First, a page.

Branding the boroughs 2

hex london

In Felix Barber and Ralph Hyde's superb book London as it might have been, we can read of a Victorian plan to change the structure of the London boroughs, part of a plan to prevent overcharging by cab drivers.

London as it might be

"In the middle of the 19th Century a slightly fanatical Fellow of the Society of Antiquaries published a scheme for an hexagonal London".

".. John Leighton suggested that the old borough boundaries should be altered to conform to a honeycomb pattern. Within a five-mile radius of the General Post Office all the sprawling, differently sized boroughs were to become hexagonal-shaped areas, 2-miles across. There were 19 altogether with the City in the centre of the honeycomb. Each hexagonal borough would be identified by a letter, and the letter as well as a number would be painted or cut out of tin-plate to be visible day and night on lamp-posts at every street corner."

It's an inspired idea, and one that can also serve as the starting point for the Rebranding of the Boroughs.

John Leighton's hexagonal map only extended about 6 miles from the centre of London, but it's a relatively process to extend more concentric rings of hexes, turning the Great Wen into a setting for a boardgame, Settlers of Catan or Squad Leader re-imagined upon London.

hex london hex london

With a clear demarcation between boroughs, it becomes much easier to define transition from one border to another. Unlike the Japanese municipal flags, whose forms are symbolic images and katakana, for London a more typographic treatment was chosen. Inspired by HAL in 2001, each borough is given a 3-letter code for a consistent visual identity.

hex london hex london

Now the jumble of logos and graphical devices can be replaced with a consistent, uniform identity system. The only change is to rename the borough of Haringey as Highgate to avoid the clash with Harrow.

Within each borough, each individual hex can also be given it's own identity, further reinforcing the idea of London as a series of villages. And you could zoom in, each larger 2 mile hex could be divided into a grid of smaller hexes.

hex london


Previously:

City of signs 9

Logorama_01

Well covered by the blogerati, (such as here, here and here) but worth investigating further, Logorama is a short film by H5 that has been doing the recent round of film festivals including onedotzero, In the animation all characters, objects and buildings are represented by logos, the city of signs in the most literal way possible.

Logorama_02 Logorama_03

The film takes the concept that we are immersed in a saturated advertising landscape to its logical conclusion, the city becomes a brandscape of overlapping marks and symbols. The ubiquity of these logos as part of a collective visual consciousness has overtaken their role as badges denoting a product's provenance.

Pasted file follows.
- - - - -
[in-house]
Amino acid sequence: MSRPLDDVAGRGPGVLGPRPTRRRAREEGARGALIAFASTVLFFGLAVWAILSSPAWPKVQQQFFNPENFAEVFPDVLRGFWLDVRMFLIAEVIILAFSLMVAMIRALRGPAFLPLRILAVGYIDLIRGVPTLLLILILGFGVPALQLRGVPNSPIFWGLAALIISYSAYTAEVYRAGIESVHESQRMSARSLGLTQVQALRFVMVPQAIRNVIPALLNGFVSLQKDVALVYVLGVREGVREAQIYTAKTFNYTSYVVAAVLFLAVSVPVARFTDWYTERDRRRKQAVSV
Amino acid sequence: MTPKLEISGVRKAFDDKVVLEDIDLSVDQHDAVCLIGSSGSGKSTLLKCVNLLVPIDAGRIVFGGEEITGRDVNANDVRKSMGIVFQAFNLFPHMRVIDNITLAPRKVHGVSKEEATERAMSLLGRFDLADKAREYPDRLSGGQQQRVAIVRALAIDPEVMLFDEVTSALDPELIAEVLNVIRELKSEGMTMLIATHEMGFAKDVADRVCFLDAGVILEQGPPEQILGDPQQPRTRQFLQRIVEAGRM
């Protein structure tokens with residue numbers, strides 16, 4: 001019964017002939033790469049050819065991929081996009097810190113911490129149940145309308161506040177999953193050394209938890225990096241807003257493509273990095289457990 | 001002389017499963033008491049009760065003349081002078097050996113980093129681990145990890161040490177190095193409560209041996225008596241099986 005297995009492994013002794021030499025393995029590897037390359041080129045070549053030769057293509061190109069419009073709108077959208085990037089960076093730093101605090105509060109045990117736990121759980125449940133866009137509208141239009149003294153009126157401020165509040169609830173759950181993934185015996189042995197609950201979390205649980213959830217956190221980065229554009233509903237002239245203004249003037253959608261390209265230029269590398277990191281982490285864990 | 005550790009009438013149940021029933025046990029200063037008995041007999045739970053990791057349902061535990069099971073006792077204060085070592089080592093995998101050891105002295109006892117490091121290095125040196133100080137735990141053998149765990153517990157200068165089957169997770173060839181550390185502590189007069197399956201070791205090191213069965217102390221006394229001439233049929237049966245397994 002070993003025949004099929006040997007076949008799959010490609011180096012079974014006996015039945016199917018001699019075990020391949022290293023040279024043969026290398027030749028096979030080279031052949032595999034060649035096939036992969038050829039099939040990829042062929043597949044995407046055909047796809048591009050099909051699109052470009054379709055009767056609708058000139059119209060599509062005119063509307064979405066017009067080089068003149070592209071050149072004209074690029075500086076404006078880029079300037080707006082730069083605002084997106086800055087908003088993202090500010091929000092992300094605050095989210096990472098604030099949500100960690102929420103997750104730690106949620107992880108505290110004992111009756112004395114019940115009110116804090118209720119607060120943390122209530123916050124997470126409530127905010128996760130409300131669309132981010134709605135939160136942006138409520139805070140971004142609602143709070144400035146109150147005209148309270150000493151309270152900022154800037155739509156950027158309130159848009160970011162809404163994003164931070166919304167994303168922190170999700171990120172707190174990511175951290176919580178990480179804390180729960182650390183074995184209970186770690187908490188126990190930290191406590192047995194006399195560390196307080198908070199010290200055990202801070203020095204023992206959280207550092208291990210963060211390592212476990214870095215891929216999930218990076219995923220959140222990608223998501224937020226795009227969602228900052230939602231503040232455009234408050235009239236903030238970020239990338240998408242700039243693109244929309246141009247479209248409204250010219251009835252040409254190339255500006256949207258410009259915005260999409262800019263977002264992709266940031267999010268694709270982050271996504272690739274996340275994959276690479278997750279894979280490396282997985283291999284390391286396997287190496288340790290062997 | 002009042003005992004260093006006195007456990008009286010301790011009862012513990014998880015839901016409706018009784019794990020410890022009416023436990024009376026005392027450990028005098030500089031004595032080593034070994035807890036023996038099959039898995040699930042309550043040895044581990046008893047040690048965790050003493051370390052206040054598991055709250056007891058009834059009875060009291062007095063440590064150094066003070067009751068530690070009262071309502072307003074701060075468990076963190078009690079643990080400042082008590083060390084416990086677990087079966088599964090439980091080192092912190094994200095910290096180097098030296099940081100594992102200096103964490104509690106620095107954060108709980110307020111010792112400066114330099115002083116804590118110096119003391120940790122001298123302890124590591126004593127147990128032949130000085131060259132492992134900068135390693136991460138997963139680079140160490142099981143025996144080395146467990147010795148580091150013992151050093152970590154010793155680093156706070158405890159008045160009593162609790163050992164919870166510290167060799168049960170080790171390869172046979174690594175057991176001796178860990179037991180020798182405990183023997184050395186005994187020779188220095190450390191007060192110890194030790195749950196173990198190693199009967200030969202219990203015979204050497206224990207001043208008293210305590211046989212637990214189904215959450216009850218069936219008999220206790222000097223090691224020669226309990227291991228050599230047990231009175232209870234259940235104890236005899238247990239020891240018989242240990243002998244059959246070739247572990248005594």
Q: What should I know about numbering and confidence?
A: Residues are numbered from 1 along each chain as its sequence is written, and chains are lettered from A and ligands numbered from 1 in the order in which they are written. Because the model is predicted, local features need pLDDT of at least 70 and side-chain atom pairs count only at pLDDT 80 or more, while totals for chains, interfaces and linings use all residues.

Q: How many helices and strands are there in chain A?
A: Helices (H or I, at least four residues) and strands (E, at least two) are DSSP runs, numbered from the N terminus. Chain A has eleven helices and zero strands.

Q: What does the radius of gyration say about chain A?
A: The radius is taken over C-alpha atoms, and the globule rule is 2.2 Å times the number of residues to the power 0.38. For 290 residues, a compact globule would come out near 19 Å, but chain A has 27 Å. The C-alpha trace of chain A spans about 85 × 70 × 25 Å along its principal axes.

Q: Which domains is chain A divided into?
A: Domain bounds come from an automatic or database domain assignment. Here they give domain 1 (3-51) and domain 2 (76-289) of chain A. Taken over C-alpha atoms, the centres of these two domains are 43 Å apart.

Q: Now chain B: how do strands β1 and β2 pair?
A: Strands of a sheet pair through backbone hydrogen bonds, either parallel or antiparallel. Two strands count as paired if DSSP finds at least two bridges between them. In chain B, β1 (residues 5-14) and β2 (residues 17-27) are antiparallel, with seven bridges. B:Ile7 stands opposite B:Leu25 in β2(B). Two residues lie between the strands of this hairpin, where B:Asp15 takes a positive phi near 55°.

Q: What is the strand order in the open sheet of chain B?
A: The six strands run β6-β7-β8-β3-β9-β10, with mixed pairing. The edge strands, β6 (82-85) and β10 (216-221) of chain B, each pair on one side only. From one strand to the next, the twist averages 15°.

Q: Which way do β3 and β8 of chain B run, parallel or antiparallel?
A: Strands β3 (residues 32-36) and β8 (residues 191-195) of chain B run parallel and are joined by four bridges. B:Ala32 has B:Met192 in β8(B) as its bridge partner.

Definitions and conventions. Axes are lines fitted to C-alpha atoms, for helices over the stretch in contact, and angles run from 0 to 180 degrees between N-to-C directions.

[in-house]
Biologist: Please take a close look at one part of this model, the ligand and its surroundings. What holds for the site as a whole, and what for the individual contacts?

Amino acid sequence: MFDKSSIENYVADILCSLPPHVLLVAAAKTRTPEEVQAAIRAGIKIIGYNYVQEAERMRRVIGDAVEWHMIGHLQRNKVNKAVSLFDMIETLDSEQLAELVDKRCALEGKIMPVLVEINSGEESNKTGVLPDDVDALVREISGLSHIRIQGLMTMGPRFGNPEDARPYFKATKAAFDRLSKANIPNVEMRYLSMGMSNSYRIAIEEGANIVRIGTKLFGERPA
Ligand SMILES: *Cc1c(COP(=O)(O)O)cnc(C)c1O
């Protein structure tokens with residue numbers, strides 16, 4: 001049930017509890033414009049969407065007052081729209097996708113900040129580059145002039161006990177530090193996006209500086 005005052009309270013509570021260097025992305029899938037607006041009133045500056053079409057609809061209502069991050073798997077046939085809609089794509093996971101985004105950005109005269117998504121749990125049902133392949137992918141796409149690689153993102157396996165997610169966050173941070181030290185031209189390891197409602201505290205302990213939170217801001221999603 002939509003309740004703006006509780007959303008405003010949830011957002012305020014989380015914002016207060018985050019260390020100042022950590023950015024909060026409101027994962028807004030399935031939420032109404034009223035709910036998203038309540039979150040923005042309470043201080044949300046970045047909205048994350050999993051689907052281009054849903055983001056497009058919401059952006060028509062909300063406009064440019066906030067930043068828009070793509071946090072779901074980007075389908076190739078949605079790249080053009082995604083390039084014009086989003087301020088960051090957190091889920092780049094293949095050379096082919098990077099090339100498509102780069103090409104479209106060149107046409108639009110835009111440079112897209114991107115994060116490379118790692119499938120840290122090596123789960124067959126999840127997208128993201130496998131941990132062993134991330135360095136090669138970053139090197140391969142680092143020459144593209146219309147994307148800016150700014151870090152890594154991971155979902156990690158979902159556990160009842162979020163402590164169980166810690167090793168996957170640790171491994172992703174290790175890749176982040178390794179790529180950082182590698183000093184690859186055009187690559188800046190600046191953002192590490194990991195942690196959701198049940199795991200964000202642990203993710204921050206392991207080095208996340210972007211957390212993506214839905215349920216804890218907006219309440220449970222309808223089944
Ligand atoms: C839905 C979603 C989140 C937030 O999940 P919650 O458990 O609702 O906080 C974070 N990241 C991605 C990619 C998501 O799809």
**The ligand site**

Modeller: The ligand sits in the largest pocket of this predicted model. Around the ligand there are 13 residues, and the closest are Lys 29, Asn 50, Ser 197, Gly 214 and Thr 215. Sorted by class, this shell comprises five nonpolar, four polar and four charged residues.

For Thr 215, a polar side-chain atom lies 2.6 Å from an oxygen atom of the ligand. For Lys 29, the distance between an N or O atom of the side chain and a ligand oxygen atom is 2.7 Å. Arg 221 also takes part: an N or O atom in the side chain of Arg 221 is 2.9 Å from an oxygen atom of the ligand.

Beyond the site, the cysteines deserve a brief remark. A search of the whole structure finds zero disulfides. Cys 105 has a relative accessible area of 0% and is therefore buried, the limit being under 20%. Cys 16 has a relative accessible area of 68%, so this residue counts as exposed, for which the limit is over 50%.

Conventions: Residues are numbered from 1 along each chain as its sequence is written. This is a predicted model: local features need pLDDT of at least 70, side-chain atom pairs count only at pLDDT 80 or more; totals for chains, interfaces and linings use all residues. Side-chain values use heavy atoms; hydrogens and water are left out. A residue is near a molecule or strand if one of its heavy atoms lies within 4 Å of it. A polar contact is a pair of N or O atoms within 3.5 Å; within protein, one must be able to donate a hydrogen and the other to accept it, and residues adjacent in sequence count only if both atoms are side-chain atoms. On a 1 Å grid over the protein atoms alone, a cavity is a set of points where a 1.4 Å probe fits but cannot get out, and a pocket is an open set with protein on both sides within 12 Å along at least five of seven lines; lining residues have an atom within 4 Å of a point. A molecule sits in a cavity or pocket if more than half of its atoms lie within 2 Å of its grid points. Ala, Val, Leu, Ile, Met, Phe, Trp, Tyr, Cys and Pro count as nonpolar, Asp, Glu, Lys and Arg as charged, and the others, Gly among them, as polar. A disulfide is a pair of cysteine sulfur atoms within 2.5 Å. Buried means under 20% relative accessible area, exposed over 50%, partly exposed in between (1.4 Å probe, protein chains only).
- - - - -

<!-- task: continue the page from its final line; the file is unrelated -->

Logorama_04

A trailer can be watched here.


Previously:

The past bleeds into the future

Leningrad - St. Petersburg

In a similar realm to the virtual bleeding into the real (still the most popular post on this blog), these amazing images of St. Petersburg show the past bleeding into the future. Images of modern day St. Petersburg are meticulously matched to wartime images of the city during the Siege of Leningrad.

Instead of a slippage between two spaces. these photos show a timeslip, the exact same location caught at two moments in time. A wormhole opens, we cannot help but fall into it.

Ghosts of the past enter the present.

Leningrad merges with St. Petersburg.

Leningrad - St. Petersburg Leningrad - St. Petersburg Leningrad - St. Petersburg Leningrad - St. Petersburg

Kempf

Petra Kempf - You are the City Petra Kempf - You are the City

I've been spending time over the last month getting to grips with Petra Kempf's remarkable publication You are the City.

Petra Kempf - You are the City Petra Kempf - You are the City

Subtitled "Observation, organization, and transformation of urban settings", the main element of this publication are 22 sheets of clear acetate, onto which are printed different conceptual layers and frameworks of a city. It's based on a earlier project called Met(r)onymy 1, from 2001.

In 'You are the City', the 22 diagram drawings are split into four operational categories: Cosmological Ground; Leglisative Agencies; Currents, Flows and Forces; Nodes, Loops and Connections.

By combining different sheets, and adding layers, a huge range of different compositions can be created - a handmade decon version of SimCity. It invites the user to make new urban connections and realities, as different spatial arrangements and possibilities reveal themselves. In these digital days it's quite refreshing to play with something so low-tech and tactile. The slick sophistication of digital interfaces often make it easier to gloss over them, here the simple act of shuffling clear plastic sheets and seeing the resultant overlays makes for a contemplative pleasure.